So school choice is fine if both parents are highly paid lawyers but not if you’re not?

            • Exactly.
              The proles cannot make decisions that are best for themselves or their families, because it has already been established (the science is settled) that progressives are better at making those personal/family decisions for low class low income people they are so committed to “helping.”

              • Whoa, guys, can we pull it back here? Cut Spartan a break: she (personally) should not have to defend every progressive inconsistency and arrogant position.

                She just made a comment, and your mileage may vary. Give a little grace, please.

                • Other Bill

                  I disagree, sw. I think Sparty’s probably one of the thickest skinned bozos on this bus. She’s very bright and loves to argue. Her mind can go a mile a minute. She loves being provocative. And she likes to win. If you look up “argumentative” in the dictionary, you’ll see her picture.

            • Spartan

              Everyone already has school choice. You move to a community and that community has a public school. I can’t afford the house I live in now if I moved one school district over. But I could afford a tiny house or an apartment in the next school district over. That is the choice I made.

              Taxes should go to public schools, not private schools. If you are wealthy enough to pay for a nice house and have access to great public schools, then you are blessed. But draining public tax dollars to fund private school tuition makes no sense. Many private schools have endowments or are otherwise subsidized by churches. Heck, my husband and I qualify for financial aid at my kids’ school. A poorer family would receive even more aid.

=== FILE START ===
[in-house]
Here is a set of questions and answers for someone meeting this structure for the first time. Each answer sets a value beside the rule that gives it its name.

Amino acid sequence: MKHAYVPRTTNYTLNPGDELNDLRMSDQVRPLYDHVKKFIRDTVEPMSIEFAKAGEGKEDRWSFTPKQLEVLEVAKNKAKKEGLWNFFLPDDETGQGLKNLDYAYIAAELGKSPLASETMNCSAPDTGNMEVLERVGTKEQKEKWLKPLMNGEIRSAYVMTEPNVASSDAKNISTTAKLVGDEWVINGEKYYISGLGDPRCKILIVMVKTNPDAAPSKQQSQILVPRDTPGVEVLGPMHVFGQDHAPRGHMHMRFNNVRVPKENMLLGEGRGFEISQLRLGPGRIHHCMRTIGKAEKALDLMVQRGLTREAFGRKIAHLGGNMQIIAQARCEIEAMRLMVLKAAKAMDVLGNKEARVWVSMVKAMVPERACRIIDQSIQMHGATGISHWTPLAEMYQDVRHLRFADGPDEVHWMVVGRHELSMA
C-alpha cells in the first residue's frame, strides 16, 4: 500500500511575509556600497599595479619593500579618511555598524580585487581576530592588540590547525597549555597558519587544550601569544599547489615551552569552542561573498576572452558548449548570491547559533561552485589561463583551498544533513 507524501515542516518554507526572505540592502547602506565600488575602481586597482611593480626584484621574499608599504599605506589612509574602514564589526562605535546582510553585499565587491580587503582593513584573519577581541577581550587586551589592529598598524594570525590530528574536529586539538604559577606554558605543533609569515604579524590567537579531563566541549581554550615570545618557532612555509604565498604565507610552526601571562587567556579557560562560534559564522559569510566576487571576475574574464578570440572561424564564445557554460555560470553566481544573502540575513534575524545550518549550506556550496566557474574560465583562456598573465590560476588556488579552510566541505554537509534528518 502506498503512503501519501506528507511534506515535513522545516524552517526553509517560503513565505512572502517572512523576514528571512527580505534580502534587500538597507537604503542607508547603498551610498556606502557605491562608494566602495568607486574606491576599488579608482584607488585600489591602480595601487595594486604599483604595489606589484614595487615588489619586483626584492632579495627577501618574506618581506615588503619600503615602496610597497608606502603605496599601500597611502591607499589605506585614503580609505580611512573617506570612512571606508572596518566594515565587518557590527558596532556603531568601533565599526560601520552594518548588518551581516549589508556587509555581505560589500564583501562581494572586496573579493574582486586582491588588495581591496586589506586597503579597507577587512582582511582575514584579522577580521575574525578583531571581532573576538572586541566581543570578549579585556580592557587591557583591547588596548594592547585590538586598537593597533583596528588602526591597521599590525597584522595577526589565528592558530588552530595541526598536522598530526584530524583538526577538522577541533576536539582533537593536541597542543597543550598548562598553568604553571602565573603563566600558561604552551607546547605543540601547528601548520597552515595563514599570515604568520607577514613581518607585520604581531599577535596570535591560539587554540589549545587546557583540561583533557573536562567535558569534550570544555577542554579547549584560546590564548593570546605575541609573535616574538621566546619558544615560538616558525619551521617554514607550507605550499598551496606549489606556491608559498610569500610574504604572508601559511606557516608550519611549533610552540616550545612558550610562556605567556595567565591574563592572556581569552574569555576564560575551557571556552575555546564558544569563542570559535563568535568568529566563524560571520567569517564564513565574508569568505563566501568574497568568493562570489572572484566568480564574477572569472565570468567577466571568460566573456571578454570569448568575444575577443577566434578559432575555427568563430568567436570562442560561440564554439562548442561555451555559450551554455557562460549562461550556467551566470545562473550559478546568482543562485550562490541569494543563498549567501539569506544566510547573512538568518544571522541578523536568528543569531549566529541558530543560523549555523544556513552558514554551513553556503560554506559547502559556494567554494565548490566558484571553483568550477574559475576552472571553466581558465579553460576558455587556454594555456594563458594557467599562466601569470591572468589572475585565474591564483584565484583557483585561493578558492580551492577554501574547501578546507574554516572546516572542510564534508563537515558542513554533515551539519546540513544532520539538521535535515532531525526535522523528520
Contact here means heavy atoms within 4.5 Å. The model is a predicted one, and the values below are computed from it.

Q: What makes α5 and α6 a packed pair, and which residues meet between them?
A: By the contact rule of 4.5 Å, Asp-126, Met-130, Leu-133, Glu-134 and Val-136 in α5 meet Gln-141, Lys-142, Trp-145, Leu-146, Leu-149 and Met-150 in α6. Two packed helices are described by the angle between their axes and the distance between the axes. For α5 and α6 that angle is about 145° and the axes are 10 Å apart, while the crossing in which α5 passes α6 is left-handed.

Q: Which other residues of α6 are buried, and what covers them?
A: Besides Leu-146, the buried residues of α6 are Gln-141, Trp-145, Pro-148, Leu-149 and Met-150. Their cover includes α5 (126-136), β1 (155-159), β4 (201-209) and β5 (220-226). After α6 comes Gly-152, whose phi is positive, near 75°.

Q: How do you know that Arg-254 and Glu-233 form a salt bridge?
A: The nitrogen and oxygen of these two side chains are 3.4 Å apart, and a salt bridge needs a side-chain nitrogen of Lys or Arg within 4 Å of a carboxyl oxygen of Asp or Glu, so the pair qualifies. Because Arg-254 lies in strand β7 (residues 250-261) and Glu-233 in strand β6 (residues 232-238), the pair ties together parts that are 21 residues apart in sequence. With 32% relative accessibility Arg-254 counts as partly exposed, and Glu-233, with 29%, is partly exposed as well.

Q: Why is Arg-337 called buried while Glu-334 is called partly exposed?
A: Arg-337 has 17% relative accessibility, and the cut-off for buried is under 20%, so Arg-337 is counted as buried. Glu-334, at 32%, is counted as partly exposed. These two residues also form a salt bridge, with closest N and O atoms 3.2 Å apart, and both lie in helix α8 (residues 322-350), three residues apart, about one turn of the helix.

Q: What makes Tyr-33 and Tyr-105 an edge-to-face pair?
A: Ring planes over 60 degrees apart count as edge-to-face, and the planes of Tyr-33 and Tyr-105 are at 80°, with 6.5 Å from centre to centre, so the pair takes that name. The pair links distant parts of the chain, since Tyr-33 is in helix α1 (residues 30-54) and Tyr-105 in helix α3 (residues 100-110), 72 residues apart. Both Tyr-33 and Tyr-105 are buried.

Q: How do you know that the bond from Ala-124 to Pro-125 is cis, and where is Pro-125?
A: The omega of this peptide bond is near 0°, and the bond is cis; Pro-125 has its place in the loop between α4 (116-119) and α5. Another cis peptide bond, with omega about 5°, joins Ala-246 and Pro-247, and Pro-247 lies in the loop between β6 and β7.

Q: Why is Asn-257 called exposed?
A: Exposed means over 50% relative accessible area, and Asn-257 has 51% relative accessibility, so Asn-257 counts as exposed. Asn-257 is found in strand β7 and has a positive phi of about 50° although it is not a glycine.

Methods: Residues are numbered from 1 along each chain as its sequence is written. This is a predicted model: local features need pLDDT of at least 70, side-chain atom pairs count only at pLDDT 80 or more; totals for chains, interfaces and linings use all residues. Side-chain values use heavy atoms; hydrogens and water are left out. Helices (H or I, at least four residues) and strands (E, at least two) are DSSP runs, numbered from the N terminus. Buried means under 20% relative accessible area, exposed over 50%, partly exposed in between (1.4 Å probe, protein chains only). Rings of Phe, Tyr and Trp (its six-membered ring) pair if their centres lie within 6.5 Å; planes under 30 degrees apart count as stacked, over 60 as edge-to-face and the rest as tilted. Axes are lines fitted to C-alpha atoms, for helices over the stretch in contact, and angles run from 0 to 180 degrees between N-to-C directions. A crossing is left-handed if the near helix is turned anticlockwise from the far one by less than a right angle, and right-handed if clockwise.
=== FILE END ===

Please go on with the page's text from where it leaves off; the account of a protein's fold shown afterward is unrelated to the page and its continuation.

11. Other Bill

    “If I move to the neighboring county and buy a $2 M house so my kids can go to some of the best public schools in the nation, am I still an elitist or can I call myself a Progressive then?”

    In any rational world, you’re an elitist. But in the Acela Corridor, you can call yourself a Progressive because you’re part of the dominant culture and you are entitled to call yourself whatever you want. But in much of the country, you’re a garden variety Limousine Liberal.

    • Other Bill

      But remember Sparty, you’re our Limousine Liberal. So it’s okay.

    • Spartan

      Funny. I know a family who sent their sons to Detroit Country Day — one of the best private schools in Michigan. They actually did send their kids to school in a limousine each day! But they were Conservatives, so what did that make them? I have no idea what their position on school choice was. (I was friends with their daughter, so I got to ride in the limo sometimes.)

      • Other Bill

        Sparty, it made them Conservatives! They didn’t pretend to be Liberals. Come on, ALL conservatives ride in limos.

        I’m on your side. Our kids went to private schools originally because the cost of after school day care exceeded the cost of private school that included after school. Plus I’d gone to Catholic grade school and high school, private college and Catholic law school. Education was the most important thing to my wife (who worked all the time). For a few years when he was going to Phoenix Country Day School our son was driven home in the afternoon in a cab!

        So yes, of course you’re doing the right thing for your girls. Good for you. But you’re a Conservative in so many respects! Why all the contortions?

        Why should tax dollars continue to finance awful schools when those dollars could instead be diverted via vouchers to better schools? What’s more important: the educational outcome or paying the awful unionized teachers and paying off the school bonds? Think of the children!

        • Sparty is not liberal in all matters. Like most sensible and intelligent people, she decides what is right by analysis, not by template or lockstep.

          • Other Bill

            But like Chris, she feels strangely obligated to toe the party line so much of the time. I guess it’s generational. My forty-something kids are the same way. They’d rather suffocate themselves by not breathing than openly agree with their old man about almost anything, certainly not policy or politics.